Nepal launches massive campaign to welcome gay visitors


Nepal, a country that’s been wracked by years of political instability, is desperately in need of tourism money. GLBT travelers and couples, all things being equal, tend to have relatively high amounts of disposable income, or so Nepal thinks. Therefore, the Nepal tourism board is launching a massive campaign to highlight the country as a gay travel destination. In addition to a very public campaign, they’re planning to host an international conference next winter specifically on the subject:

Nepal government has held a series of meetings with well-known international tour operators and non-profit organisations to promote Nepal as a potential destination for LGBTs… Nepal Tourism Board (NTB) officials hope that LGBT arrivals will give a boost to the number of visitors to the country as the government mulls new way to bring in a million foreign tourists in the Nepal Tourism Year 2011. “Some international companies want to work in tandem with the government and attract LGBTs.’

This is smart politics and smart finances. Politically, Nepal only codified gay rights three years ago. There’s no other way to dispel the stigma of bigotry than to welcome people you used to discriminate against. It also focuses the topic on what you want rather than, hypothetically, a bloody 10-year Maoist insurgency that’s become synonymous with your country. All of that sounds simplistic, and it is, but it’s a useful reminder when we’re dealing with risk-averse, brand-conscious tourism boards.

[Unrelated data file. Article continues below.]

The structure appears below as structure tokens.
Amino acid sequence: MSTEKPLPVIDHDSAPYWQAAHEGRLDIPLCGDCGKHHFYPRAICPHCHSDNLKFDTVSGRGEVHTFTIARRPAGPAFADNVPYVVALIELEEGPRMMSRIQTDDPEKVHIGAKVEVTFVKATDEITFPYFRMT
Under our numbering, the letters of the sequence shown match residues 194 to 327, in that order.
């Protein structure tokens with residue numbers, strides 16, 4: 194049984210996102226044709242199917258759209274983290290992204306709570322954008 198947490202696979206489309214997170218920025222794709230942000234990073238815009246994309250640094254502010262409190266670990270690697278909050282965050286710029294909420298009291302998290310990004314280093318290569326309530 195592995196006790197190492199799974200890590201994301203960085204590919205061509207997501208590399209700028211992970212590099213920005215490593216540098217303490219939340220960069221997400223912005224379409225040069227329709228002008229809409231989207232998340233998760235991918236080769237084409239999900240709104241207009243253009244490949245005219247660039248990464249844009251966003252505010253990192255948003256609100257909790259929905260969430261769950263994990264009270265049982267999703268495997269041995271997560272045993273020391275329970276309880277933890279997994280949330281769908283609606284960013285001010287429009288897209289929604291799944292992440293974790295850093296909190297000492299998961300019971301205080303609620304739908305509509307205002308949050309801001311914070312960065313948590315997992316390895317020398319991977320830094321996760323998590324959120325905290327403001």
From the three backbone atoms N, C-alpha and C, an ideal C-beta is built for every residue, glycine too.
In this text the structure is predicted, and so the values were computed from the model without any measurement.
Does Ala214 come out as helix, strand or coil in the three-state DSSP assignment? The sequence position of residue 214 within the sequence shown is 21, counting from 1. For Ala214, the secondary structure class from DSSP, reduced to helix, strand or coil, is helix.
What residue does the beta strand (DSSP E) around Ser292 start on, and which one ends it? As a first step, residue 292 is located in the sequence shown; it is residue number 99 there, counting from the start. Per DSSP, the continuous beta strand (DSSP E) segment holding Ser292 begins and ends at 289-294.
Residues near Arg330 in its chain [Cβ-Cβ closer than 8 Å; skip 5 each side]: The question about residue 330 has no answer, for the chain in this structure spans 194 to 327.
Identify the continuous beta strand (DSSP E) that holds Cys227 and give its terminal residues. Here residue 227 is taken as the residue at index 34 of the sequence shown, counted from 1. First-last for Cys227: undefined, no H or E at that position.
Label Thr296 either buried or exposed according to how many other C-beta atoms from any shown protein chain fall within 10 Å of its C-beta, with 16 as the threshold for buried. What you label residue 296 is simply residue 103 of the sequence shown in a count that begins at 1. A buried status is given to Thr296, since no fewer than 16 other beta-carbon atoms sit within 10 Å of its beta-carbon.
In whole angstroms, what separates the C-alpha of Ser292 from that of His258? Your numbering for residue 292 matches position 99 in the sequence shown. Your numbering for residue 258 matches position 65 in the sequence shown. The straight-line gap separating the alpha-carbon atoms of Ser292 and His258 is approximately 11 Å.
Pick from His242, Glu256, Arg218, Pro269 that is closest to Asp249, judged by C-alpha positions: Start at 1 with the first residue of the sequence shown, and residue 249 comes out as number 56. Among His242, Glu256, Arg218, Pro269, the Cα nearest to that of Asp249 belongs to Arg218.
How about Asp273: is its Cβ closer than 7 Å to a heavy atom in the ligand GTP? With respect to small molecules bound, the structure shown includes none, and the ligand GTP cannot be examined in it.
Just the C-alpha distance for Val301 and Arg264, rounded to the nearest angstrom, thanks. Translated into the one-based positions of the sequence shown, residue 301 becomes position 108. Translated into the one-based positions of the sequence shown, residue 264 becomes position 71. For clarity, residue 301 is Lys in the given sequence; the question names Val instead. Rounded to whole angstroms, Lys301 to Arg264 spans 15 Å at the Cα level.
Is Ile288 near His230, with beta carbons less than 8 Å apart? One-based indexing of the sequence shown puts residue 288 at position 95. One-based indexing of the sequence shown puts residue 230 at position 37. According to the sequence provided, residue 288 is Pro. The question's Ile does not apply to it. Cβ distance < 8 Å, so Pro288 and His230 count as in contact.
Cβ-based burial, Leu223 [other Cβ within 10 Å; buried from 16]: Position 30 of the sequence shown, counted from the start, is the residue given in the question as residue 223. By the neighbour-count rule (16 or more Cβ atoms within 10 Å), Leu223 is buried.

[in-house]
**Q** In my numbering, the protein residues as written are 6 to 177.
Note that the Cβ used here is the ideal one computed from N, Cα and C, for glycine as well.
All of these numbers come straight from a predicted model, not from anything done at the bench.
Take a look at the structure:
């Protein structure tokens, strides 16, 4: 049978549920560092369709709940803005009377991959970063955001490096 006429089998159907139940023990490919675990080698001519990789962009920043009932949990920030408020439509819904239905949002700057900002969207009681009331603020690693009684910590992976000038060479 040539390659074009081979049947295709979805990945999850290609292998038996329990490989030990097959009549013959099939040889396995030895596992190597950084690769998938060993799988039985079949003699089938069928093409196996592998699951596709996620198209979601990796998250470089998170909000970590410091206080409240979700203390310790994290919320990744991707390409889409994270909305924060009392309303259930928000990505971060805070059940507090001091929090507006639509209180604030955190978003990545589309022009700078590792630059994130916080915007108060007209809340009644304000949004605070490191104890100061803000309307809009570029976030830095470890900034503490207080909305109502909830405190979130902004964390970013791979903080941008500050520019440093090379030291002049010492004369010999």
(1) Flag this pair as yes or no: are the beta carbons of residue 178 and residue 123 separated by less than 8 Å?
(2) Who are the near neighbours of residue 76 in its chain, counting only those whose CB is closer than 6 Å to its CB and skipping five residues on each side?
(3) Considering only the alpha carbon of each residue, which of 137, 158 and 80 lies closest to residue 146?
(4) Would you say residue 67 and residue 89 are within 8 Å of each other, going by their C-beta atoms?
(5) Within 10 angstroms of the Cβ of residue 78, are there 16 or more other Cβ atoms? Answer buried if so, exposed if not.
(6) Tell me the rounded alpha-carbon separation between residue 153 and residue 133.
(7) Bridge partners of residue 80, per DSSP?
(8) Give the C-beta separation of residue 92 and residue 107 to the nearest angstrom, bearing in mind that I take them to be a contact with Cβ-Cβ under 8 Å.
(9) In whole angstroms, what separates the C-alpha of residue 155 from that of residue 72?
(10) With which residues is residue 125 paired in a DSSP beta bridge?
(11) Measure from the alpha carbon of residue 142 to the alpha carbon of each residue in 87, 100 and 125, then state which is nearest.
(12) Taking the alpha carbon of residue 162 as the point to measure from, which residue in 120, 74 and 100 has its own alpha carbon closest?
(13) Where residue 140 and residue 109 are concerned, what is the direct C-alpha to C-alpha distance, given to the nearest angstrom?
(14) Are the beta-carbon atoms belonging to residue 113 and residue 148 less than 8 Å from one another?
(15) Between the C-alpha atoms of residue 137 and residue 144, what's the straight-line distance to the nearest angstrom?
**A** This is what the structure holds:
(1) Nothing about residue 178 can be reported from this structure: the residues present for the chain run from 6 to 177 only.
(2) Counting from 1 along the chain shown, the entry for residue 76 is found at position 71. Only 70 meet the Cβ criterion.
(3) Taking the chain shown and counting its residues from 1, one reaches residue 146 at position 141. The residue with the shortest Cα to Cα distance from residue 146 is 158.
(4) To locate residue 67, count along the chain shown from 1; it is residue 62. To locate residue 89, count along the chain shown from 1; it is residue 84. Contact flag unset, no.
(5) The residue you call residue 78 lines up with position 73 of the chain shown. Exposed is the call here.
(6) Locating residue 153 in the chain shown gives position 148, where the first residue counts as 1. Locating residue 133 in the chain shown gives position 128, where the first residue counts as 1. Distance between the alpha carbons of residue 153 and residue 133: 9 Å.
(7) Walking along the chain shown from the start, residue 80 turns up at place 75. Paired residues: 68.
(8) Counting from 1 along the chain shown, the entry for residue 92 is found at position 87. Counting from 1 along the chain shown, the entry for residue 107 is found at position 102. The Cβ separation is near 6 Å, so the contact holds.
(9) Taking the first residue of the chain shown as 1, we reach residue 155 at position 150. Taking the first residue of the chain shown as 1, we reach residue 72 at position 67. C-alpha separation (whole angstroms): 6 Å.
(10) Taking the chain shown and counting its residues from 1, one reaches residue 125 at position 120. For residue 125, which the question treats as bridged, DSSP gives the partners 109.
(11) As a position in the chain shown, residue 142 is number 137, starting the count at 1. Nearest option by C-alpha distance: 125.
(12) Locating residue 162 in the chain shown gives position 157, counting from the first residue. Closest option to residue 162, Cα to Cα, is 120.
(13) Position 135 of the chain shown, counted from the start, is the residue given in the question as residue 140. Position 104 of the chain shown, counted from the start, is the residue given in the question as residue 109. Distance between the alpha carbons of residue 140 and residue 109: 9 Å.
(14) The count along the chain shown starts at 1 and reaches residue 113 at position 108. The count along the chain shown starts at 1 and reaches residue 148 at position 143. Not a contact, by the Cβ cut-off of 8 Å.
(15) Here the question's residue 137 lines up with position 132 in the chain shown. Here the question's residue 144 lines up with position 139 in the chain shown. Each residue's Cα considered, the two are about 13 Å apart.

Financially the move is even more of a no-brainer. Unfortunately in many states and countries, gay couples still aren’t allowed to adopt. That translates into having extra money and even possibly extra time for travel. If you’re going to target a niche audience with leisure goods and services, you can do a lot worse.

There’s a reason why GLBT glossies still rake in ad revenue while the rest of the industry is nose-diving. Argentina figured this whole thing out years ago, and it was only a matter of time before other countries would catch on.